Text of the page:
Boat House in Palm Springs Ready to Set Sail With a New Owner

A boat in the middle of a desert? It sounds strange, but the odd shape of the iconic Boat House in Palm Springs totally works -- and it's on the market.

The primo property has been making waves since it was built in 1989. It was designed by Arizona-based architect Michael P. Johnson for race car driver Jim Jeffords. Apparently the speed demon, who died in 2014, had a nautical bent along with a love of motor sports.

"It's a dynamic house," John Nelson says. He and Cat Moe of Nelson-Moe Properties are the listing agents.

Indeed, the sleek lines end at a point, much like a ship's bow, which it resembles from the outside. You can "set sail" on the angled residence, which gives a sense of movement across the valley floor, emerging from the hillside. You're on a boat (or the closest you'll get to a boat in this landlocked hot spot)!

The design is actually an ingenious solution to the odd-size, triangle-shaped lot.

"When you're on the street looking up at the house, it has the sharp point pointing toward the bow," Nelson says. Inside, the walls of glass along with the infinity pool viewed at the front of the house continue the nautical theme.

"When you walk in the house toward the pool, it's really like you're walking on the deck of a ship," Nelson says. "With the elevation of the house, you've got almost 360-degree views. It's really incredible."

The listing has caught our eye before -- we noted the mod pad earlier this year when it had a more hefty price tag of $4,495,000. Taken over by the United Kingdom -- based Lloyds Bank in May, the home is now priced at $1,950,000, according to Nelson.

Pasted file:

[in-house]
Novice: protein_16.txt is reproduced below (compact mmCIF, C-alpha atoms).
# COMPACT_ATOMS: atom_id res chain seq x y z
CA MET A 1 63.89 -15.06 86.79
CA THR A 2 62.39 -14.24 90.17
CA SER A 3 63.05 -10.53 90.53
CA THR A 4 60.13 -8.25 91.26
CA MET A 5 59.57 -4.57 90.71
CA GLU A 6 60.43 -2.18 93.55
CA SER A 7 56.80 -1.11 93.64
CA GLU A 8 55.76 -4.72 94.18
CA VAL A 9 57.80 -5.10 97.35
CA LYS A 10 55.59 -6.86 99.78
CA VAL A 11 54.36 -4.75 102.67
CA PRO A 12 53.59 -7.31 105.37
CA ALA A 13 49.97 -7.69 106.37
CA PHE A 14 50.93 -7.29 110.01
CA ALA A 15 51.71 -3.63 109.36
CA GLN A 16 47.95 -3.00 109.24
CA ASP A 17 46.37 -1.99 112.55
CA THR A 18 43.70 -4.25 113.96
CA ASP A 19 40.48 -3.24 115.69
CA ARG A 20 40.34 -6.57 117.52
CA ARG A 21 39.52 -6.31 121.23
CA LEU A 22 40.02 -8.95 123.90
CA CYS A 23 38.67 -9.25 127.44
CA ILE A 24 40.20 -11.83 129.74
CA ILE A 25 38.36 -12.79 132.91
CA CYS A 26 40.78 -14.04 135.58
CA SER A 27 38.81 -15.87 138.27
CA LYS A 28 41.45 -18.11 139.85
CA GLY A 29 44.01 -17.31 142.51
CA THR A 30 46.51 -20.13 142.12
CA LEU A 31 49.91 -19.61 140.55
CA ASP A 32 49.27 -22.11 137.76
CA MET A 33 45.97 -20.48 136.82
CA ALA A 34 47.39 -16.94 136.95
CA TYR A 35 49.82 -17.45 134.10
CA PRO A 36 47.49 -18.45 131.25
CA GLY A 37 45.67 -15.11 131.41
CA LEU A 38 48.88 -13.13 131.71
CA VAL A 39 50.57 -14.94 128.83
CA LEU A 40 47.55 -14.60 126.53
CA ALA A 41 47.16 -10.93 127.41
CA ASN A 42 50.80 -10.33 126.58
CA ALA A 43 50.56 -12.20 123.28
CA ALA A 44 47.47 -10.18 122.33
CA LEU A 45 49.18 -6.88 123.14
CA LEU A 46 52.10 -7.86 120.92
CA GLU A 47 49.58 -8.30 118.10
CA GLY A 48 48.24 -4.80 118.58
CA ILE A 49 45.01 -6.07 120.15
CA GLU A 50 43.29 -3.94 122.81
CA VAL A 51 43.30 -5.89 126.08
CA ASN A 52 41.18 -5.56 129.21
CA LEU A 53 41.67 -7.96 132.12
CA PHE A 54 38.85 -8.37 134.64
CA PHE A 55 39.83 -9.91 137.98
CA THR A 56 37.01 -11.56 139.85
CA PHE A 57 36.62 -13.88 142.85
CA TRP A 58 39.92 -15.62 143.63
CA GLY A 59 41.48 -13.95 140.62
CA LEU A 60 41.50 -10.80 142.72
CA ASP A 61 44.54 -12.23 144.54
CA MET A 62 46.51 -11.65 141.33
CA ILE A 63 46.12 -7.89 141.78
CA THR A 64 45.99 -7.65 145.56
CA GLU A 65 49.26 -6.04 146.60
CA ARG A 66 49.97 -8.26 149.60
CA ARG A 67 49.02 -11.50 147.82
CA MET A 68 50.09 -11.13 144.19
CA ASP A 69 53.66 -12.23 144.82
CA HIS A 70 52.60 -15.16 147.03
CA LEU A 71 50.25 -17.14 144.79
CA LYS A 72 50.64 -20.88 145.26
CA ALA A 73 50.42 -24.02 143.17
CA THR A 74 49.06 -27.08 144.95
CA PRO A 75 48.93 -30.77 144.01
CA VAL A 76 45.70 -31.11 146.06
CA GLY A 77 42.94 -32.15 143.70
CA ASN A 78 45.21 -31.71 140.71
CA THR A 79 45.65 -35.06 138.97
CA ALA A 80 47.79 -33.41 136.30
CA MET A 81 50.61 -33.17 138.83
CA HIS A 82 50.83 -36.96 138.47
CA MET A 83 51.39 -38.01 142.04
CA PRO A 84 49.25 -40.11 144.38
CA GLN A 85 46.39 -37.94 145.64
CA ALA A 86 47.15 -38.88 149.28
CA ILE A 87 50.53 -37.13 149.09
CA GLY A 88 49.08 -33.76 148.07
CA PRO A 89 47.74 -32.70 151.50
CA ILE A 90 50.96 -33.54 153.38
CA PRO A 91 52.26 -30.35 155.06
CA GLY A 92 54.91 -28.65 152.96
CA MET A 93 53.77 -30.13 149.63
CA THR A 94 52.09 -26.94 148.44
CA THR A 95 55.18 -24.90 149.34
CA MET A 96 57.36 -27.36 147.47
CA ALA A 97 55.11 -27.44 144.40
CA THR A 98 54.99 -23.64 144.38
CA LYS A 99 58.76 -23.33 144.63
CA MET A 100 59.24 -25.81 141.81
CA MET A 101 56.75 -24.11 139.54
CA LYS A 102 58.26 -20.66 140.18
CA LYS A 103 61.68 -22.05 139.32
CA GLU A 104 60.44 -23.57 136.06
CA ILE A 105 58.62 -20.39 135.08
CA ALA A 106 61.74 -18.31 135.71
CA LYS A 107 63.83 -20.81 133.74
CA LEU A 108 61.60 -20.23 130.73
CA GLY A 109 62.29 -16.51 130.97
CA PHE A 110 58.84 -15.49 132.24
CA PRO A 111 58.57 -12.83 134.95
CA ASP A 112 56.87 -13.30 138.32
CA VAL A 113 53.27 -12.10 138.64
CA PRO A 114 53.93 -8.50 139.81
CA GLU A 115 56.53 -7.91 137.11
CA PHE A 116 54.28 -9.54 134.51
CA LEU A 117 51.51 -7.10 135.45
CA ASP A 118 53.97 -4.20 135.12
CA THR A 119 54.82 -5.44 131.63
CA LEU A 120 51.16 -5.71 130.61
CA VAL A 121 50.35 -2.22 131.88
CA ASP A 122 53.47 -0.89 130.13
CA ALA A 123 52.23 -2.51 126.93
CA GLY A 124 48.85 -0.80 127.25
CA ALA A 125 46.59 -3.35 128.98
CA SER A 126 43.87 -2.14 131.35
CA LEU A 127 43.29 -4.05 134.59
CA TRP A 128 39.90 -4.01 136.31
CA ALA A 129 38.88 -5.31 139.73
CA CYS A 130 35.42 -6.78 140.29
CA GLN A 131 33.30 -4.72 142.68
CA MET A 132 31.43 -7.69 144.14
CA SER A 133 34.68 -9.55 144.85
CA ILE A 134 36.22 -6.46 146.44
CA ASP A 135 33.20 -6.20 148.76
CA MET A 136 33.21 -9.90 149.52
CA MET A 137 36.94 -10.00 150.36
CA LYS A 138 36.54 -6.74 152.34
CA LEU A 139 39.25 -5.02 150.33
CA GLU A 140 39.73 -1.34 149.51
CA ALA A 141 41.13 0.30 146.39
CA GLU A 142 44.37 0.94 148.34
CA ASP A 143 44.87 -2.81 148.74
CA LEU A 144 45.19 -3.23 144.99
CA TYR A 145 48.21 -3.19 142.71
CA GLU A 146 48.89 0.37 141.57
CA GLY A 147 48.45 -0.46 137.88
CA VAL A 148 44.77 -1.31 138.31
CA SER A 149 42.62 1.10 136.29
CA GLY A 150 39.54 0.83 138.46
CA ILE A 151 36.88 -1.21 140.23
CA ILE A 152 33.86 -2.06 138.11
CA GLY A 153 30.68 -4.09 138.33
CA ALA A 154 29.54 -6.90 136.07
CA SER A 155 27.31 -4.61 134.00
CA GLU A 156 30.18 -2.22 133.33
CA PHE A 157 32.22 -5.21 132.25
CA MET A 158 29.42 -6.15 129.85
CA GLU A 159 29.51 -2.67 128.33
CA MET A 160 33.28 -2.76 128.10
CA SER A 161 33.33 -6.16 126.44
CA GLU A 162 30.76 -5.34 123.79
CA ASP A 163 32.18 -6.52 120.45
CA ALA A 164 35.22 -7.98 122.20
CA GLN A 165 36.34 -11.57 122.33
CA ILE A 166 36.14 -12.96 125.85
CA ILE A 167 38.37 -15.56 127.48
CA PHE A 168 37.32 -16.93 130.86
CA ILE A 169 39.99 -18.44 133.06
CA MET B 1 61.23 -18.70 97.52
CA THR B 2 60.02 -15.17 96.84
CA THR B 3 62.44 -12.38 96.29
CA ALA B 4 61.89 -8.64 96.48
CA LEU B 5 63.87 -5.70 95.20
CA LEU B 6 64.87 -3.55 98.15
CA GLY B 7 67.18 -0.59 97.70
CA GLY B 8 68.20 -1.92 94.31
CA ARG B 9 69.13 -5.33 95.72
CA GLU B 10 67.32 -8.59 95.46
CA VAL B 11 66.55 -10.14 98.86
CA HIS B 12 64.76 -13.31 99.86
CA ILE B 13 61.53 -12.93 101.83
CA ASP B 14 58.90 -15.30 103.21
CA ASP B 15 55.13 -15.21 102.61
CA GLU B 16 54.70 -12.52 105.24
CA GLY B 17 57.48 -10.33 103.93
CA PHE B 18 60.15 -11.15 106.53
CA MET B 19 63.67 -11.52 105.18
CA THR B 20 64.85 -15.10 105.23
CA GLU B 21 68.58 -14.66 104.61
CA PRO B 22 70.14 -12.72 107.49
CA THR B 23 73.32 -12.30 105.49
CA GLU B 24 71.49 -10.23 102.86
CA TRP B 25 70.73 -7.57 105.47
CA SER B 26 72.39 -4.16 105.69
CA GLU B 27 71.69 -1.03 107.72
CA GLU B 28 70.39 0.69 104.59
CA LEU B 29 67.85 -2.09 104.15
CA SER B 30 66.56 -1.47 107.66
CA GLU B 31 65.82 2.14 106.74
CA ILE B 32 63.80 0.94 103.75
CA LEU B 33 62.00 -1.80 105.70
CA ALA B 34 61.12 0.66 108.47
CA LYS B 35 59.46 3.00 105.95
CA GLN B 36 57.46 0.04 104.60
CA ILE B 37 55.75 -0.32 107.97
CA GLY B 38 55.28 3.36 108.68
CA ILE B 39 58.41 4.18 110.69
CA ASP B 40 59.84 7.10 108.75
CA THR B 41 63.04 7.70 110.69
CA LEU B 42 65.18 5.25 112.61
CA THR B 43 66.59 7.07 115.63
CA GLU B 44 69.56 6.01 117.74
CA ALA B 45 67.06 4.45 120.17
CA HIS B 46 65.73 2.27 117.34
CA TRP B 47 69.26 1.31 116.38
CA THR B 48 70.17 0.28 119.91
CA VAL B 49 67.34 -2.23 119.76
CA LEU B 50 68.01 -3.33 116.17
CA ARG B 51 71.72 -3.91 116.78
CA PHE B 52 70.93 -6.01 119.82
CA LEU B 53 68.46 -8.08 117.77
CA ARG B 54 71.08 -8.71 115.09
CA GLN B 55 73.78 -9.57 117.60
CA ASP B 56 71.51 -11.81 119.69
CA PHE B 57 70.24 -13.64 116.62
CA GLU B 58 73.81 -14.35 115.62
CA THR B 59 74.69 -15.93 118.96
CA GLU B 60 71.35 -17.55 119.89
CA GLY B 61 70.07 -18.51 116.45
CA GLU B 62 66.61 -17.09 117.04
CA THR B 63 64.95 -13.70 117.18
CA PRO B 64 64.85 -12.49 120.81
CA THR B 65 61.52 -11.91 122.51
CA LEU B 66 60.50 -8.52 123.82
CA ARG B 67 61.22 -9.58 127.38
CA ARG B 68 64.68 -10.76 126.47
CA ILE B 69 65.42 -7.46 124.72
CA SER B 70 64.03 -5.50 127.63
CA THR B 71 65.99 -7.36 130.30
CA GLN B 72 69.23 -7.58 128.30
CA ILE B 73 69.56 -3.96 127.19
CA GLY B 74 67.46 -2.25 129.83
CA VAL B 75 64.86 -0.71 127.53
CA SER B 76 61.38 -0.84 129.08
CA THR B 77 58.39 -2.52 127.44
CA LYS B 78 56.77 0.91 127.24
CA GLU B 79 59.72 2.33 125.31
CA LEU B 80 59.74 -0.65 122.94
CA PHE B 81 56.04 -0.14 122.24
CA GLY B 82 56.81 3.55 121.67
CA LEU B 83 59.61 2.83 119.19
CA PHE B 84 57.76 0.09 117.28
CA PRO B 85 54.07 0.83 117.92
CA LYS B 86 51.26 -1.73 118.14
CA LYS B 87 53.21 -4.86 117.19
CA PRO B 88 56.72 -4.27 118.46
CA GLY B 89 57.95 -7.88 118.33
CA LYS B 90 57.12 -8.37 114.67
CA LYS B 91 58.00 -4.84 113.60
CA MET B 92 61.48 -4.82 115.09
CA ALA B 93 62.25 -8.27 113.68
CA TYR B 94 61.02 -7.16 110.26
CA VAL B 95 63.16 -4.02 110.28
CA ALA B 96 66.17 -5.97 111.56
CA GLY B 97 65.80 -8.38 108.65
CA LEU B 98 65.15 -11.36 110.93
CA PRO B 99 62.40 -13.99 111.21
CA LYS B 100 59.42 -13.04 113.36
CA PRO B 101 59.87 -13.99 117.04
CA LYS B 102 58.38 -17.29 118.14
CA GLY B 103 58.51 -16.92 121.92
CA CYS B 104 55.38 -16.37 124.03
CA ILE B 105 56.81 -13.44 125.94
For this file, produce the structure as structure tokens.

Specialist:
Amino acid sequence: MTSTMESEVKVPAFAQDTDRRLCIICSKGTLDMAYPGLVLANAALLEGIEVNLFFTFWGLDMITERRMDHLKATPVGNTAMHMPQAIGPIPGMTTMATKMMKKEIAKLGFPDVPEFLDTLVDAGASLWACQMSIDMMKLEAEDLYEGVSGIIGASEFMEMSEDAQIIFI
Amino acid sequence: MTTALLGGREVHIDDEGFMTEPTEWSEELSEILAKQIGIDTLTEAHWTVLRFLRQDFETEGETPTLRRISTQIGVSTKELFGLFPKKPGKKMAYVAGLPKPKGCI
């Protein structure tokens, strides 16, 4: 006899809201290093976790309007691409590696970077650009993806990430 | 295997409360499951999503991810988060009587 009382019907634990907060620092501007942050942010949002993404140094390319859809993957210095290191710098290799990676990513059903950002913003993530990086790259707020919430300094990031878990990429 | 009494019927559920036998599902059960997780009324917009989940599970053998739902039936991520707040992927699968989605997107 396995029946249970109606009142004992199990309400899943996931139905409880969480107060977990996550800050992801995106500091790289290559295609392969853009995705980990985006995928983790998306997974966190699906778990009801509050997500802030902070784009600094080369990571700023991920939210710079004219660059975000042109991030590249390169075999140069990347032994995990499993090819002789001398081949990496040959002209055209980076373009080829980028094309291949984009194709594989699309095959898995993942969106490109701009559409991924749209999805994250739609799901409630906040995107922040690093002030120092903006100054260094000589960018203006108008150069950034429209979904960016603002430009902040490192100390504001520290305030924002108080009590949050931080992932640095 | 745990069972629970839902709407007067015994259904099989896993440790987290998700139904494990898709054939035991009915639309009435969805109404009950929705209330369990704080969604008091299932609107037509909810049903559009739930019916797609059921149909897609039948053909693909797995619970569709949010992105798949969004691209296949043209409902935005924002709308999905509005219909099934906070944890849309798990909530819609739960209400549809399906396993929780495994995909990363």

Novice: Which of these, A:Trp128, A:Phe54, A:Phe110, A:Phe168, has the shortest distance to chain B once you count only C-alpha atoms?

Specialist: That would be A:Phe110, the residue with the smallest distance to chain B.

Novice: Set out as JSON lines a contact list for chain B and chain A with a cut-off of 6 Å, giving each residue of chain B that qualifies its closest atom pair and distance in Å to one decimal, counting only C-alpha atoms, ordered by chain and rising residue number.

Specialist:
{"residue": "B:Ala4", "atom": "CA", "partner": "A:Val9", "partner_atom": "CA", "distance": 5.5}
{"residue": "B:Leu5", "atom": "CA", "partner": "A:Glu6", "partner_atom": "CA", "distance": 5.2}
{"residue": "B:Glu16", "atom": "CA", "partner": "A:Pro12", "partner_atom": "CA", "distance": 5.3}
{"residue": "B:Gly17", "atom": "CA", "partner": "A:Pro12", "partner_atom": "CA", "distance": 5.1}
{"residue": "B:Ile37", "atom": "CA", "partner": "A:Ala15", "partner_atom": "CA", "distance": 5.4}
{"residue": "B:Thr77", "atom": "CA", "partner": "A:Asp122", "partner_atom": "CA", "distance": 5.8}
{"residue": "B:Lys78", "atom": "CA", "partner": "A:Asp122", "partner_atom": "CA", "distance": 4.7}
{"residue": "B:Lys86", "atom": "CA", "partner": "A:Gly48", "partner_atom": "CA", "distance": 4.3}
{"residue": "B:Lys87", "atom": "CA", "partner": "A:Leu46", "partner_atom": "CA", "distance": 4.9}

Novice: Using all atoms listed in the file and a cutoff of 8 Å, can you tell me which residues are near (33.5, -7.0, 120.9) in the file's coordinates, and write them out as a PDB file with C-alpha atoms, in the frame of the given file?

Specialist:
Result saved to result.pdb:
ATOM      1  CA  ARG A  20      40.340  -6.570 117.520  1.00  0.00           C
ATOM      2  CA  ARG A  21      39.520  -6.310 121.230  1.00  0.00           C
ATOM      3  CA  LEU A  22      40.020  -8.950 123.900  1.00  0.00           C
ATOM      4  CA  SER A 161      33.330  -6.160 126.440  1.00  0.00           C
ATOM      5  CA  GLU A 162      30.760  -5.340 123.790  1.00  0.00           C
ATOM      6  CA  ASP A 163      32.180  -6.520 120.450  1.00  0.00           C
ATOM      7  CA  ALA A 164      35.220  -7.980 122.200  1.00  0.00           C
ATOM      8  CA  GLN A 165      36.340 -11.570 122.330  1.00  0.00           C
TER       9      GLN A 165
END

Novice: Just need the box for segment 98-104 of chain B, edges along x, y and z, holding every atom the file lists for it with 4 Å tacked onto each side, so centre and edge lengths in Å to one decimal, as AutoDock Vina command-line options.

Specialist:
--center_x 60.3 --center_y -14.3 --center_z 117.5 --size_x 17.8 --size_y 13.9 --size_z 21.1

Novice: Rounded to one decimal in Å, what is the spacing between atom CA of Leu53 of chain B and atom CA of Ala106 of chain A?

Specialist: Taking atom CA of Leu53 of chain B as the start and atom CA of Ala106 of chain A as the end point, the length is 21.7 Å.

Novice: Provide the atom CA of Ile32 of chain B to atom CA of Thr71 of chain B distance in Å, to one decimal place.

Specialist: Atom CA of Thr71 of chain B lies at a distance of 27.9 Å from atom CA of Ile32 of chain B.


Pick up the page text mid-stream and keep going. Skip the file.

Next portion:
Located in the gated Southridge community, it boasts a flashy neighbor: famed architect John Lautner's unforgettable Elrod House, which resembles a flying saucer and was featured in the James Bond film "Diamonds Are Forever." That over-the-top construction, listed at $8,000,000, is currently pending sale.

If you're in the market for something a little more down to earth pricewise, the Boat House is in "good condition," Nelson says, but it needs some roof work. And while the bathrooms and kitchen date to the late '80s, "they were so progressive when they put them in, they're not dated at all," Nelson says.

Other architectural details include a retractable roof in the mezzanine-level master suite, 24-foot-high ceilings, marble everywhere, and open spaces for entertaining. The 3,906-square-foot space includes four bedrooms, five bathrooms, and multiple decks. To cool off in this desert, head out to the ship's "prow" -- an inviting deck with an infinity pool.